Food doesn't solve anything. It doesn't take the sickness or the pain away, it doesn't make people behave the way I wish they would behave. It doesn't make me rich or pay the bills or clean up the dog's diarrhea or make all my problems magically disappear. It pretends to, but after you eat it, the mess is still there. The problems are still there, and you are worse off not having spent any time feeling the feelings, thinking things through or solving the issues. May as well grow up and deal with things rather than avoid them and self-medicate by eating.

I was planning to make a nice pot of soup today, but I am just not up to it. I am drained and still have to take my daughter to dance. I am just going to mix some of those mushrooms in with a piece of leftover low carb meat lasagna from the other day and call it good. Maybe I will make the soup tomorrow.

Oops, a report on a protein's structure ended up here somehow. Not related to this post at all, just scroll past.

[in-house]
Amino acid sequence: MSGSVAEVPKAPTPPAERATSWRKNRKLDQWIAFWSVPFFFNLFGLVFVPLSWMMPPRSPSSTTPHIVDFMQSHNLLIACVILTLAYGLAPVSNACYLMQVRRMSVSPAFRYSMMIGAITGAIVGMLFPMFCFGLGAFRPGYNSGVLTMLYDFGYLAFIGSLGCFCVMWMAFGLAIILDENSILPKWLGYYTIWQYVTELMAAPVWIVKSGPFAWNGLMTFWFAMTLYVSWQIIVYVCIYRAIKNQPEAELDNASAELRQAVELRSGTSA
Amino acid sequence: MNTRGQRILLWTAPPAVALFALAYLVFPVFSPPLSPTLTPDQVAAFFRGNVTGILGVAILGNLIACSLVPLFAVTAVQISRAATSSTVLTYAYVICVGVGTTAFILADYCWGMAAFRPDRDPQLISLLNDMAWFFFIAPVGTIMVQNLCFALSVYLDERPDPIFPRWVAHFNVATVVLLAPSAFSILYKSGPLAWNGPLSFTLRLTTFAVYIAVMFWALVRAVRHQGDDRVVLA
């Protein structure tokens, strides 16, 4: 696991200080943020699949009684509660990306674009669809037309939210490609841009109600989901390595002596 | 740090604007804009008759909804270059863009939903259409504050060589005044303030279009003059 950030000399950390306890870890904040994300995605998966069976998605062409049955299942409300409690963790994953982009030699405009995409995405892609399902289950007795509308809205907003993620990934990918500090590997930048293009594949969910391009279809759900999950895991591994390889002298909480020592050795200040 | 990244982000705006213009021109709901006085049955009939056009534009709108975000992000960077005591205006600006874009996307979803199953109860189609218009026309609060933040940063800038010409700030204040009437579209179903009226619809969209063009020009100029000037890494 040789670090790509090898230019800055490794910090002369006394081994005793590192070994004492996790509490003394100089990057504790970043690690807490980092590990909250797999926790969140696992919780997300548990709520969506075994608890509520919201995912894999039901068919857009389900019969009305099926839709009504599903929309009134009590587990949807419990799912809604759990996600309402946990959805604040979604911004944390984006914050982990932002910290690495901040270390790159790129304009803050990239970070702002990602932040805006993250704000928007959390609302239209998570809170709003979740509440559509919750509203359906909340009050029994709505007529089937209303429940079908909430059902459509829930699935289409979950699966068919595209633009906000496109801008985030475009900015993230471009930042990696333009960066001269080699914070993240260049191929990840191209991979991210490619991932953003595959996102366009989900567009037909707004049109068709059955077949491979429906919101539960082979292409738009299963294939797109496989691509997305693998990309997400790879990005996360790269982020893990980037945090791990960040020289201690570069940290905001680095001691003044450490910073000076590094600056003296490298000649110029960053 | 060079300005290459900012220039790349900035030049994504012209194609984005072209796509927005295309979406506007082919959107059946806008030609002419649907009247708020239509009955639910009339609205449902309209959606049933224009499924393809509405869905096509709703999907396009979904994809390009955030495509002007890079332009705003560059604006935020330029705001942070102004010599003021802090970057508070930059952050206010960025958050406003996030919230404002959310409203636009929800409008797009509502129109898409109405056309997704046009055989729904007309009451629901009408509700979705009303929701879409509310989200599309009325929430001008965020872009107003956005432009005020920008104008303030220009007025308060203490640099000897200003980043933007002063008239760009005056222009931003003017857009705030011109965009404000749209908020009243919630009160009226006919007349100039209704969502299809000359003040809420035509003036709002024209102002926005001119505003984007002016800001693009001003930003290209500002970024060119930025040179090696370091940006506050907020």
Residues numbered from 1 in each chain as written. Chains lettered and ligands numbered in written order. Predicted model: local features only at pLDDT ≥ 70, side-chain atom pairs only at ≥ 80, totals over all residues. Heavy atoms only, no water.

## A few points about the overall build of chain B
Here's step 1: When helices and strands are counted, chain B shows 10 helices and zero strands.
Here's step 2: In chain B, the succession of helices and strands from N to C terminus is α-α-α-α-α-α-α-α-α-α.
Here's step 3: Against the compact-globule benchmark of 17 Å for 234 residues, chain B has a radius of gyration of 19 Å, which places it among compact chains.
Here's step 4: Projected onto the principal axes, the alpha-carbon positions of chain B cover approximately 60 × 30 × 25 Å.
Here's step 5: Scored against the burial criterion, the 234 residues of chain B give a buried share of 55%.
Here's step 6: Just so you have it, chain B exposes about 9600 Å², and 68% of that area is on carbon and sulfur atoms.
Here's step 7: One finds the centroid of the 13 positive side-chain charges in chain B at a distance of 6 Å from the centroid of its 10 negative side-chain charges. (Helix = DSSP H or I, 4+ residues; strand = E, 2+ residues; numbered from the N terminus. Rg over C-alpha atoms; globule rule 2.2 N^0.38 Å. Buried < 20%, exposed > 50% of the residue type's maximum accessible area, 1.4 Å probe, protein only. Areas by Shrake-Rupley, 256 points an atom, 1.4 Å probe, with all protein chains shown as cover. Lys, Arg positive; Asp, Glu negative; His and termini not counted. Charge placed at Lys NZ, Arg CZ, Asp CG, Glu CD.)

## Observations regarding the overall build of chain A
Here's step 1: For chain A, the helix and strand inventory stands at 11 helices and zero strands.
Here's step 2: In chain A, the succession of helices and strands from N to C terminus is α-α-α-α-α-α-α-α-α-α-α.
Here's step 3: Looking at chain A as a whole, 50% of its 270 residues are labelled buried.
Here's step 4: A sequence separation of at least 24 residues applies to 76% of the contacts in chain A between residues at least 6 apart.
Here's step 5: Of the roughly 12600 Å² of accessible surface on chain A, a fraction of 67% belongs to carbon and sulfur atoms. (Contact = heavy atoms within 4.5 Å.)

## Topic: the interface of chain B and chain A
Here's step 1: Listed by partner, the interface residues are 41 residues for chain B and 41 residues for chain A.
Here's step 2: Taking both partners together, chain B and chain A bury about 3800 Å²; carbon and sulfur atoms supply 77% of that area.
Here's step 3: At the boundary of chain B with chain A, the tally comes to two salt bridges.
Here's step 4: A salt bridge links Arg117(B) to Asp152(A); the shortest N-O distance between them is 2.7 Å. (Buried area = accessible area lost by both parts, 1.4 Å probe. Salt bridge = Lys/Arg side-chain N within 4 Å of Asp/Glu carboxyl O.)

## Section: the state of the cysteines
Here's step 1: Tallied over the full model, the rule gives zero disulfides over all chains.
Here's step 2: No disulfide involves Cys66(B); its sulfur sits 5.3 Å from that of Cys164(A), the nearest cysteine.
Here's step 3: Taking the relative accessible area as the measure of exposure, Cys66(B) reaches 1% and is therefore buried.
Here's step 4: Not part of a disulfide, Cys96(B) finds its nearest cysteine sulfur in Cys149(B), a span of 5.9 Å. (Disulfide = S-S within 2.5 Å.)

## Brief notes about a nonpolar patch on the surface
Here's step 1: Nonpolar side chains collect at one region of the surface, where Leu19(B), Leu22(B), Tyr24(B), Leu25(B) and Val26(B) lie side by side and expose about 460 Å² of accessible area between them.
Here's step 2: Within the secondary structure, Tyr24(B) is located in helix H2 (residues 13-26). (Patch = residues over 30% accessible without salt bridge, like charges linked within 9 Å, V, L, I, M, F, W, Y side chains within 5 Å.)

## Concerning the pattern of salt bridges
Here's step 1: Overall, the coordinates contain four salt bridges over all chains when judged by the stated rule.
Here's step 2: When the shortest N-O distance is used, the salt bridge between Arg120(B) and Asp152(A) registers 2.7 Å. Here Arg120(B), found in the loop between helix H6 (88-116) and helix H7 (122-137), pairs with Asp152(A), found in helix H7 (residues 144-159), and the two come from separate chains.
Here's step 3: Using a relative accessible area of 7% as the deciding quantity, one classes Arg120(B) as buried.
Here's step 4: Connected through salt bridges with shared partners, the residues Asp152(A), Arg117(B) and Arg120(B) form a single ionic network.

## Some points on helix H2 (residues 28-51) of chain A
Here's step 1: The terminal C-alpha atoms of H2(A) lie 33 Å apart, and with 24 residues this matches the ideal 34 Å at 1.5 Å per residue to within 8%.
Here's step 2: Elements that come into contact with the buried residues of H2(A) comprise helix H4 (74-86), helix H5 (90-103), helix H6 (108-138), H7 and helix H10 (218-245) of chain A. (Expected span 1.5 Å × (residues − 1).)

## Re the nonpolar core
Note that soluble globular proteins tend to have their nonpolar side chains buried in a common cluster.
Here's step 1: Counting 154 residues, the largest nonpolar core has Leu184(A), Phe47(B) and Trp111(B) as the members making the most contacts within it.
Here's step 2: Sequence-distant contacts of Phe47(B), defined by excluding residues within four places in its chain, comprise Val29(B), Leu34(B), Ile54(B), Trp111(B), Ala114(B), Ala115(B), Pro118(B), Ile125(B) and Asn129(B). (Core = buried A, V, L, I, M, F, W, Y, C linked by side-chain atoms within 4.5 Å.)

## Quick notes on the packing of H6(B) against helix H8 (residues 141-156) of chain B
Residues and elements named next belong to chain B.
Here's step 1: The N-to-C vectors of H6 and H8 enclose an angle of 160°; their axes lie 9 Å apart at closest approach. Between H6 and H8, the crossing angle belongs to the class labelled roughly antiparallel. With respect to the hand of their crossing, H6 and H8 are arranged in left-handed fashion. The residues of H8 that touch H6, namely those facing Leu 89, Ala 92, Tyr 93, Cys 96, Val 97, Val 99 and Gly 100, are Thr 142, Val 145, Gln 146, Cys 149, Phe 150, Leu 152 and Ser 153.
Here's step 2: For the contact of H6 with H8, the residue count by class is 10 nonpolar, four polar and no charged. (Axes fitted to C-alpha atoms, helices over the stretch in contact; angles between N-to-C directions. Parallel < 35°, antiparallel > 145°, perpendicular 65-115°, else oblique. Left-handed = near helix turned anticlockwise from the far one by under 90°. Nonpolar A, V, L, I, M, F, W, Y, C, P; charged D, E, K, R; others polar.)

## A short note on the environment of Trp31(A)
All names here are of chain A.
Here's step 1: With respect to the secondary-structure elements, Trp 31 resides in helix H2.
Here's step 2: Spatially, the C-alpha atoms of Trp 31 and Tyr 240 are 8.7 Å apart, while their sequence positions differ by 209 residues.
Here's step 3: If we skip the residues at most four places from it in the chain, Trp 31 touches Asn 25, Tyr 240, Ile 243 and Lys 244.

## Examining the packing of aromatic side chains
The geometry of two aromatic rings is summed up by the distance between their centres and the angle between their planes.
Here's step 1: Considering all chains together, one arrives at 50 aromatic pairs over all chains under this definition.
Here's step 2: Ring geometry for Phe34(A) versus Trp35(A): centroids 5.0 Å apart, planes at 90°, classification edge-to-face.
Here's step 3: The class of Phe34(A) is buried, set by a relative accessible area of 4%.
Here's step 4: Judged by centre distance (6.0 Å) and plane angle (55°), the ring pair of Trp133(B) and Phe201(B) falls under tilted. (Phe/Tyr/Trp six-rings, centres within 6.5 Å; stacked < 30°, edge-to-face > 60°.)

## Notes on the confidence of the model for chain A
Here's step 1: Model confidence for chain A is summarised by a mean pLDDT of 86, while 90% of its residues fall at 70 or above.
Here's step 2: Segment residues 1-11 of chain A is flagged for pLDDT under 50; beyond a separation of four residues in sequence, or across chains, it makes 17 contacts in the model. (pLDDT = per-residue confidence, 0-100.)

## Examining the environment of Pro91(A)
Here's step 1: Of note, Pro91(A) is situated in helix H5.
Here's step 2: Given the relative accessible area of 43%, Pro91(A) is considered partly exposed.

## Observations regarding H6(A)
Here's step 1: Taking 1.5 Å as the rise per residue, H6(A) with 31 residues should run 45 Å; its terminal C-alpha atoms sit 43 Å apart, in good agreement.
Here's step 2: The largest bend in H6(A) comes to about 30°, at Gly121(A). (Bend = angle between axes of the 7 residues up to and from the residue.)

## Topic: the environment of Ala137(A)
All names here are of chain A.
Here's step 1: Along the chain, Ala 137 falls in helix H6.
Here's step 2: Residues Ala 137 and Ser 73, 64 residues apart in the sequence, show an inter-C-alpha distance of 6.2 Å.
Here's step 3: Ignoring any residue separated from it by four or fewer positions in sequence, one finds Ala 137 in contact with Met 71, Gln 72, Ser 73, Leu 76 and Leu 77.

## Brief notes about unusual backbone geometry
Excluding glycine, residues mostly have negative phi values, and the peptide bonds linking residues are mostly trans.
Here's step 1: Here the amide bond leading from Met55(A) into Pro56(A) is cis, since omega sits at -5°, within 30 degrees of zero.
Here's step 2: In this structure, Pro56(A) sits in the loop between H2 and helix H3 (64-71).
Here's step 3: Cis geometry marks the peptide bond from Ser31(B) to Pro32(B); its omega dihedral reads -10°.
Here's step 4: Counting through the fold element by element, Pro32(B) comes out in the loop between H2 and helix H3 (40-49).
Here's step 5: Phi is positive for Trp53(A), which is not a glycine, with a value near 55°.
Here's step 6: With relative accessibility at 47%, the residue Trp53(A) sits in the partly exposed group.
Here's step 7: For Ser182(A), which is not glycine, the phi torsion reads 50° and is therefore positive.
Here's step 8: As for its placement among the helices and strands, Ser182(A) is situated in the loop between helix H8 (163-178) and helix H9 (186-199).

Anonymous said...

Thanks for posting this. Venting is good. Indeed, wherever you go, there you are.

Anonymous said...

First, congratulations for resisting the food on a day like you've just had. Comfy food would be a huge temptation.

In fact, I'm here at the computer so I won't eat right now. (The only thing I want for dinner is carbs, because I'm annoyed with my husband. Not safe to be in the kitchen right now.)

I used to resist the label of "food addict". Even when I agreed to it mentally, in practice I disputed it by shrugging off my eating and explaining my indulgences to myself as something other than that.